Samantak Das, 43, an educator in Kolkata, India, has taken individual initiative to help the 200,000 devastated Cyclone Aila victims of the Sunderbans in eastern India, making three visits to the area with his small team of volunteers. He says that unpreparedness and unscientific handling of disasters by policy-makers could spell doom for the rain forests, forever changing the ecological balance of the area.
I am a teacher in the city by profession but have been doing voluntary social service for the last quarter century. I am also part of an NGO that helps economic rehabilitation of rural poor. It is this engagement which drew me to the Aila – stricken Sunderbans, the biggest rain forest in Asia.
Obviously, I am no expert, but I am told that apparently, with global warming, cyclones such as Aila, which affected 200,000 people in the forest villages of the Sunderbans in the southern part of the province of Bengal, India on May 25, will become more frequent. The villagers are yet to recoup even by half; I shudder to think what will happen should something like the Aila strike with vengeance again.
It has been my experience after three visits to the affected areas in the last month that the only hope for the vast population in the area is to grow more mangroves. We have seen some dams left untouched. In every instance, they have had outer protective layers of mangroves between them and the rivers. And wherever the dams have broken, the absence of mangroves was conspicuous. The concrete structures to be built by funds allocated by the Indian government will not be as effective.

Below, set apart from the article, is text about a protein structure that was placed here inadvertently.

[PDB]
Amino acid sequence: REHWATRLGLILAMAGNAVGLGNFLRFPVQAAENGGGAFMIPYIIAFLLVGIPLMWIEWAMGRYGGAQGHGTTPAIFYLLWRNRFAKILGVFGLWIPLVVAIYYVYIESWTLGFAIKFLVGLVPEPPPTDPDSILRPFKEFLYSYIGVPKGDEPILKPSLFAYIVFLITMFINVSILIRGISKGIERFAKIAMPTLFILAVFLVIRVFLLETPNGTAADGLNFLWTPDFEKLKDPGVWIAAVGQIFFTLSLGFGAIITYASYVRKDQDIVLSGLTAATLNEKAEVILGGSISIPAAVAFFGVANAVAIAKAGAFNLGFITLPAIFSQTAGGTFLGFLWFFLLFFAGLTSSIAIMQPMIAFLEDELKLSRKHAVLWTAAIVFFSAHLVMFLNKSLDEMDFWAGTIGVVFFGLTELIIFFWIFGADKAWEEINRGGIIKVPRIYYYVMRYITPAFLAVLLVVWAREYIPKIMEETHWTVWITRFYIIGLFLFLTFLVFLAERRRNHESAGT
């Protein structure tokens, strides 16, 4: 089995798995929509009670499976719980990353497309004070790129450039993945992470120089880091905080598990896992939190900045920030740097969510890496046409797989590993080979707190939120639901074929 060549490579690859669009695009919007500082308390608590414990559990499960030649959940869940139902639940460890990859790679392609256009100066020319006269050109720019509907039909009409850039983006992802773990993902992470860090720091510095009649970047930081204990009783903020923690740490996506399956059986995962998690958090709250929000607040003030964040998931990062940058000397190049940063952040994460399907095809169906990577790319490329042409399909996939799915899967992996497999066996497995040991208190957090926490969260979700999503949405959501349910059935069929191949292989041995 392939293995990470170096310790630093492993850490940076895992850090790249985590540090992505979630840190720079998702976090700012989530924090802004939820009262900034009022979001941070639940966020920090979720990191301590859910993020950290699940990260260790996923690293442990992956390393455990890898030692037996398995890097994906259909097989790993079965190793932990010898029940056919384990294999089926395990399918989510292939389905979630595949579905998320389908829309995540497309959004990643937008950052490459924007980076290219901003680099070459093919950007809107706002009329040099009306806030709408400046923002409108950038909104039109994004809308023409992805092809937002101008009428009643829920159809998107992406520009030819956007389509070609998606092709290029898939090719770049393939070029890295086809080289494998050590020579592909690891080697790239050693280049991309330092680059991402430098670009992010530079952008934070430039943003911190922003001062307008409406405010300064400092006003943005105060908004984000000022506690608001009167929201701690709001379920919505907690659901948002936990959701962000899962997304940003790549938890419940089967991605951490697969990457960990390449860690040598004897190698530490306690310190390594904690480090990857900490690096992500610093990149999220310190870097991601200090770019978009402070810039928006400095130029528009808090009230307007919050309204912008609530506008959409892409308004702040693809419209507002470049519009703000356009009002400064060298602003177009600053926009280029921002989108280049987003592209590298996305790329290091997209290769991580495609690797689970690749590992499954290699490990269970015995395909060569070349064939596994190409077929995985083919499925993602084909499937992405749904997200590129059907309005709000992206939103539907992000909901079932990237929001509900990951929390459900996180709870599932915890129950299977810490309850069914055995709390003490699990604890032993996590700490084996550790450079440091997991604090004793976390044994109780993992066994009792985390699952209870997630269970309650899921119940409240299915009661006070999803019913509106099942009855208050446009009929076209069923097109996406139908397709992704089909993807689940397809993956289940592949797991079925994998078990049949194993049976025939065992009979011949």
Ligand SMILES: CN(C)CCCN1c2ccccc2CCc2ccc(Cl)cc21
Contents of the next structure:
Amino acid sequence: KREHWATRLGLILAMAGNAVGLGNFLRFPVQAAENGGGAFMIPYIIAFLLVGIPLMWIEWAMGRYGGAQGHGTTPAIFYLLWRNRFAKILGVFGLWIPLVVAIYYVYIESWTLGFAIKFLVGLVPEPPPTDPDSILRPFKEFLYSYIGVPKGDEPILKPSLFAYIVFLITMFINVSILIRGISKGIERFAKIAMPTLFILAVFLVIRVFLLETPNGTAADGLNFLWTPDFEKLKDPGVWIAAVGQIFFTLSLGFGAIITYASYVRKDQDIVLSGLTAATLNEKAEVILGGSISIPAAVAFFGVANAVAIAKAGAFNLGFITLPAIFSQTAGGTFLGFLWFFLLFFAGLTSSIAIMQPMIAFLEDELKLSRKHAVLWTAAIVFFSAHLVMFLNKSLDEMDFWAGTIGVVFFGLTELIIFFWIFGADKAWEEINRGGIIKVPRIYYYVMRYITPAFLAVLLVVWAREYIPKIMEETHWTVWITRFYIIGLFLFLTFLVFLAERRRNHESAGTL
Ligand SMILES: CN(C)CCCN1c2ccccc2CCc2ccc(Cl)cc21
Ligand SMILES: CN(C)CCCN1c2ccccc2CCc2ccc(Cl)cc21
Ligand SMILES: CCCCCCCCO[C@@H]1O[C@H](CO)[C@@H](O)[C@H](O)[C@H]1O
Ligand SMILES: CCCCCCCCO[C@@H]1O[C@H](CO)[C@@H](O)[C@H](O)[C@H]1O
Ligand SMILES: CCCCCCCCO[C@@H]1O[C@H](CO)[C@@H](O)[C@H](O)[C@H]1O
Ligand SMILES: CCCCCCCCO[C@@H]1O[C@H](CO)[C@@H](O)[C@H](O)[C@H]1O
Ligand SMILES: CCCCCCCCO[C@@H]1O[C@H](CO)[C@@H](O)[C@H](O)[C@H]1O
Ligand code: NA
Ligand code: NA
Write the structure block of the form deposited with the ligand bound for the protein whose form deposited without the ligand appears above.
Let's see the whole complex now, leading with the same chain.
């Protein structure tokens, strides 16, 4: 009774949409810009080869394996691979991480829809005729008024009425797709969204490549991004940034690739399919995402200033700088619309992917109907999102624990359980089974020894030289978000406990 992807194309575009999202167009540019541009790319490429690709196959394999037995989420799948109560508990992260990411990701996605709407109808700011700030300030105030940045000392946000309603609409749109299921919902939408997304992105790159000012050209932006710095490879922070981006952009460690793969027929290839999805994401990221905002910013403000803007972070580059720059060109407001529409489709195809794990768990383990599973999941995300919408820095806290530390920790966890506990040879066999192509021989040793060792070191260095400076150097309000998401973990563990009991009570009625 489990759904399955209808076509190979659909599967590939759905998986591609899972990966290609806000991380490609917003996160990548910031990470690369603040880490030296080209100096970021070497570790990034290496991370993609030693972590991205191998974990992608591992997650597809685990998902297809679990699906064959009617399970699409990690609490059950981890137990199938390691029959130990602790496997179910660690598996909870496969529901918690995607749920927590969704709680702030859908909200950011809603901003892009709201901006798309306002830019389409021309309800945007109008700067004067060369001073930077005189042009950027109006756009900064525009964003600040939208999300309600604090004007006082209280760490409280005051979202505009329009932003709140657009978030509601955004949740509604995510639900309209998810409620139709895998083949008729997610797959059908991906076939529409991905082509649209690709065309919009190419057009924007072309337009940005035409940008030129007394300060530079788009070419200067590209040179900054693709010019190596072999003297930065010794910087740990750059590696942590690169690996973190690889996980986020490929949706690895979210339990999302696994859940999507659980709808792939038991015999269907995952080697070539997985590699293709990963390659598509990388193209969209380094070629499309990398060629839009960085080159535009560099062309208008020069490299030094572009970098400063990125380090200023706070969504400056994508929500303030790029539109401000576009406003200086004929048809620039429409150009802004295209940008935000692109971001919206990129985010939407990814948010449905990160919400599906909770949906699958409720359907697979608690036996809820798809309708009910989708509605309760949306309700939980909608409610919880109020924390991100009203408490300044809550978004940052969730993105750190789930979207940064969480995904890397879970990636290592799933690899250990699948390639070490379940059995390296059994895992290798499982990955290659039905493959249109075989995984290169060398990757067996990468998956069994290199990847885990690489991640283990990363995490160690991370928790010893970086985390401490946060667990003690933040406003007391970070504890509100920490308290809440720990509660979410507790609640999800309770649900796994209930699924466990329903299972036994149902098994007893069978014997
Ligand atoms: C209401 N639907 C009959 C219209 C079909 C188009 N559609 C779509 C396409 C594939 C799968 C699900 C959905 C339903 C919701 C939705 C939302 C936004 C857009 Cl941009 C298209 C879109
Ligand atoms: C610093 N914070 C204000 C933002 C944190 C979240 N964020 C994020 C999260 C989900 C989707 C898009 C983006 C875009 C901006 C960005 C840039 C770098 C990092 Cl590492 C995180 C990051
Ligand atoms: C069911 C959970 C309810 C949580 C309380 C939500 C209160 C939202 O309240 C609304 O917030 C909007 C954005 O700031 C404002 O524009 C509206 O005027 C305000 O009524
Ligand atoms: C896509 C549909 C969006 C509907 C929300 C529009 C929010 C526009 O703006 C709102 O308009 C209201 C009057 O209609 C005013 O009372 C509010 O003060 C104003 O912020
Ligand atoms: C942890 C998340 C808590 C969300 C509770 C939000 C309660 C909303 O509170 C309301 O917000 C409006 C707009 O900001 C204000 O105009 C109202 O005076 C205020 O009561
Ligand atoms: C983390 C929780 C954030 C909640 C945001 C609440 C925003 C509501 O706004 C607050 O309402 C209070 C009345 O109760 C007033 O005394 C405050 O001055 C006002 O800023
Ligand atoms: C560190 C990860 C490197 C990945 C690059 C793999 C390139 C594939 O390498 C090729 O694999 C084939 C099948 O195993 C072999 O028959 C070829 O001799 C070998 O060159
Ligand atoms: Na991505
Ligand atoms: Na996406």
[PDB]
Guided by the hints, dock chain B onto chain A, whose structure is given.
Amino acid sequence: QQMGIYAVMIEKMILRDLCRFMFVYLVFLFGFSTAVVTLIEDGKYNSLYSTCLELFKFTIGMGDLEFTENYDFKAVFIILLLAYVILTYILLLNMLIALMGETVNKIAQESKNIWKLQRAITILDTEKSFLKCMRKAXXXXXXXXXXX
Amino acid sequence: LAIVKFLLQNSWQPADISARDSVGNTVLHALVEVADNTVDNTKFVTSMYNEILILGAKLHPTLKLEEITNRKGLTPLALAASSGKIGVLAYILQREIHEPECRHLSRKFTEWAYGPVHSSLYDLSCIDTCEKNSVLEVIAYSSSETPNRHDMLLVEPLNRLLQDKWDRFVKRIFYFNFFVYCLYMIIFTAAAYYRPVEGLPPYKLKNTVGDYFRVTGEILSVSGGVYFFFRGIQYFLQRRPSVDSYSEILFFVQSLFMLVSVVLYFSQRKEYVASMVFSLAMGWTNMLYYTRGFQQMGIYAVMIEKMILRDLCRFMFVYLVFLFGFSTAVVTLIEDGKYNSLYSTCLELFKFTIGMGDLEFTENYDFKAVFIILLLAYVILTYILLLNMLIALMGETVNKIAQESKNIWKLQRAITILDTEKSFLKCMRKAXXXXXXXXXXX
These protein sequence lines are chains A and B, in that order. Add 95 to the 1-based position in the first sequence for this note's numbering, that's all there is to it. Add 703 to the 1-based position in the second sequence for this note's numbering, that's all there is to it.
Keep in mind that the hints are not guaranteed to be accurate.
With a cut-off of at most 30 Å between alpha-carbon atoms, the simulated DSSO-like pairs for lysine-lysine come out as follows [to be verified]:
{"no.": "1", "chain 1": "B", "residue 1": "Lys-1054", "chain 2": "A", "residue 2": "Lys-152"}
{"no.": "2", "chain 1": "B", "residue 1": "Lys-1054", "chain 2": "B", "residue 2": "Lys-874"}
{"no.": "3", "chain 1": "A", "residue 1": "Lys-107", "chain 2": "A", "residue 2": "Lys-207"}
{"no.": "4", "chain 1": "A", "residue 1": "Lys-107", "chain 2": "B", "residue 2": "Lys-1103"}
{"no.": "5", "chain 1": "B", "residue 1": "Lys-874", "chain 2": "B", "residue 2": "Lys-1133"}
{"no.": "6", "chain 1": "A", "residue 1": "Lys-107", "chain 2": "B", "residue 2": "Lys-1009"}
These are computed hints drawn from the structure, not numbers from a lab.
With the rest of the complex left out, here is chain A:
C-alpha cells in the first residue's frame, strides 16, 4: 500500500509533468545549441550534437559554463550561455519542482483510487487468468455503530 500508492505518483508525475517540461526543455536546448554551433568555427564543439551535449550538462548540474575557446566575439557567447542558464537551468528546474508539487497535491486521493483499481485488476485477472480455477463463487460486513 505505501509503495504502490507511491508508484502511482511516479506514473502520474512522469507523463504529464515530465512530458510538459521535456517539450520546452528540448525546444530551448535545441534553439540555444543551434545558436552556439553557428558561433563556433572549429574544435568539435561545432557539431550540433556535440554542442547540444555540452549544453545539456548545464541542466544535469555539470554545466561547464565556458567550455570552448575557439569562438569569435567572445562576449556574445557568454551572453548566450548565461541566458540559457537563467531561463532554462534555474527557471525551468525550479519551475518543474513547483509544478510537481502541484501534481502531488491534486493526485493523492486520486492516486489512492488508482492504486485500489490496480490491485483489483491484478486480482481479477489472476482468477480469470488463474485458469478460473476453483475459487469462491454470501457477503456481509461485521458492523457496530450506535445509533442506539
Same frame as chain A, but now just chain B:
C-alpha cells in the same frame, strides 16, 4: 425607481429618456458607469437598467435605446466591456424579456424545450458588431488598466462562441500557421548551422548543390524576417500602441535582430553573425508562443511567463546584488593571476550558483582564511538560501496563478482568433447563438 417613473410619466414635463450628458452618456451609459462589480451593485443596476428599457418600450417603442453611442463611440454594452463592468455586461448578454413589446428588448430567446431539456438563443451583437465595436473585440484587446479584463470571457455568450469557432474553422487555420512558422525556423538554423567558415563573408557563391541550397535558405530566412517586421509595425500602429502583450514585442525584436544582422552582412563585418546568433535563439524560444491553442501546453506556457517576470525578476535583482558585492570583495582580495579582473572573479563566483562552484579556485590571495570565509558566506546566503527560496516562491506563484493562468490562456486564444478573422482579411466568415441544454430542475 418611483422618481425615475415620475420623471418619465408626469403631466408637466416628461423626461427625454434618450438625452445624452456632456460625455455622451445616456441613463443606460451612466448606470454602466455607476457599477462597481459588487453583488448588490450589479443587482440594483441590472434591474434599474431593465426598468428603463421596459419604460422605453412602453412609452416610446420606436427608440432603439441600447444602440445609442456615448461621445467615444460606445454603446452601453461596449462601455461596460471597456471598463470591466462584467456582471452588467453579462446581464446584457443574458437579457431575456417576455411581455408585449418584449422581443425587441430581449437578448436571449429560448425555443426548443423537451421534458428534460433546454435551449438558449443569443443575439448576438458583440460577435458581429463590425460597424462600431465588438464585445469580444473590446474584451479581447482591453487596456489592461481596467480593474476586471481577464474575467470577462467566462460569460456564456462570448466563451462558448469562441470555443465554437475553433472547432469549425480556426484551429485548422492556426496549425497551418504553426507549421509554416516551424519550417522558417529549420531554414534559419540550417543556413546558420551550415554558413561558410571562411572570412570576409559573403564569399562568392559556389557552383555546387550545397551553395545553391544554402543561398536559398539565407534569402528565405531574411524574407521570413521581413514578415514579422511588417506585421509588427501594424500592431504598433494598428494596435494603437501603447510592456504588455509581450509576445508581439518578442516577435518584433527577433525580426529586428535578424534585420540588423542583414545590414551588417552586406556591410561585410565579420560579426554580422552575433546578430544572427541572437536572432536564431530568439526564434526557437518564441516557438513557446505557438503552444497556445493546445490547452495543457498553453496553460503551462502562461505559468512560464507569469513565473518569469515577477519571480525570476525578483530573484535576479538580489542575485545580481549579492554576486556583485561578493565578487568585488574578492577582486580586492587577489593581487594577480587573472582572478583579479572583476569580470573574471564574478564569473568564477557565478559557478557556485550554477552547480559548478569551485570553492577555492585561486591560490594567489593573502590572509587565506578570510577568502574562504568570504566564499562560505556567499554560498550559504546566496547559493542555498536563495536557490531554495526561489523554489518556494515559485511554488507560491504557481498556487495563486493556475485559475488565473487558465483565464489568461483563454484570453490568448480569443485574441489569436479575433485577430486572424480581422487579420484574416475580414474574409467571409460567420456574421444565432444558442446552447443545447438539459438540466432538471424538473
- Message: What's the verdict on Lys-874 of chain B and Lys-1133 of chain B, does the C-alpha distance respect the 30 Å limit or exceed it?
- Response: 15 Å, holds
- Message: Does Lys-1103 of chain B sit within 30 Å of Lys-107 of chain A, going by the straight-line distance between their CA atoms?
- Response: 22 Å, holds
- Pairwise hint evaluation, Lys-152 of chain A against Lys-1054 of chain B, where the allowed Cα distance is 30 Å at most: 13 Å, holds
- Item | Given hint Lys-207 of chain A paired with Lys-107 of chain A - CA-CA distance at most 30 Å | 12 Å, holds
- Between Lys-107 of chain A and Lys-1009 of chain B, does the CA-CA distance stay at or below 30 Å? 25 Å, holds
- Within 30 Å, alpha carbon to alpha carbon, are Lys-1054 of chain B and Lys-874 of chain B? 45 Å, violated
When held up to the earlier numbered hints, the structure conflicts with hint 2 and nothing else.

The sustainable solution to the problems of the Sunderbans, whether in India or in Bangladesh, has to be found not in old-style steel-and-concrete engineering but in ecologically sound methods of working in harmony with the local flora and conditions of existence, of human beings no less than nature.
Which brings me to the problem of cultivation. It is perhaps not realised that the people of the Sunderbans are facing a food crisis of severe proportions as no rice is likely to be grown there for the next three or four years since the paddy fields have turned saline after the cyclone. Such saline land cannot support high-yielding-varieties (HYV) of paddy with their Green Revolution protocol of using insecticides, pesticides, chemical fertilisers and irrigation using fresh water. Local varieties of rice, which can grow in saline water or land, are stuff of folklore now.
Government policy should be geared towards reviving these local varieties instead of asking MNCs like Cargill and Monsanto to develop patented saline-water rice varieties, a policy increasingly being discarded by the West.
To say that disaster management was appalling would be to understate the case. There was adequate advance warning that a cyclone was about to hit – some 12 to 30 hours – but basically nothing was done to warn the populace of those places likely to be affected. And this despite the widespread use of mobile telephony all over the Sunderbans!
Immediate relief once the cyclone had passed was non-existent. Four days after the cyclone, the only relief that had reached a locality of some 2,000 persons that we visited was 50 kilograms of puffed rice! No wonder administrators got manhandled, and the provincial head of government was heckled by locals when he visited the Sunderbans.
Five days to a fortnight after the cyclone, the state seemed to have no relief plan whereas ordinary people came forward in droves. Just two of us, both ordinary teachers, managed to raise over Rs 500,000 (7150 pounds) from individuals in less than two months. But we were by no means exceptions.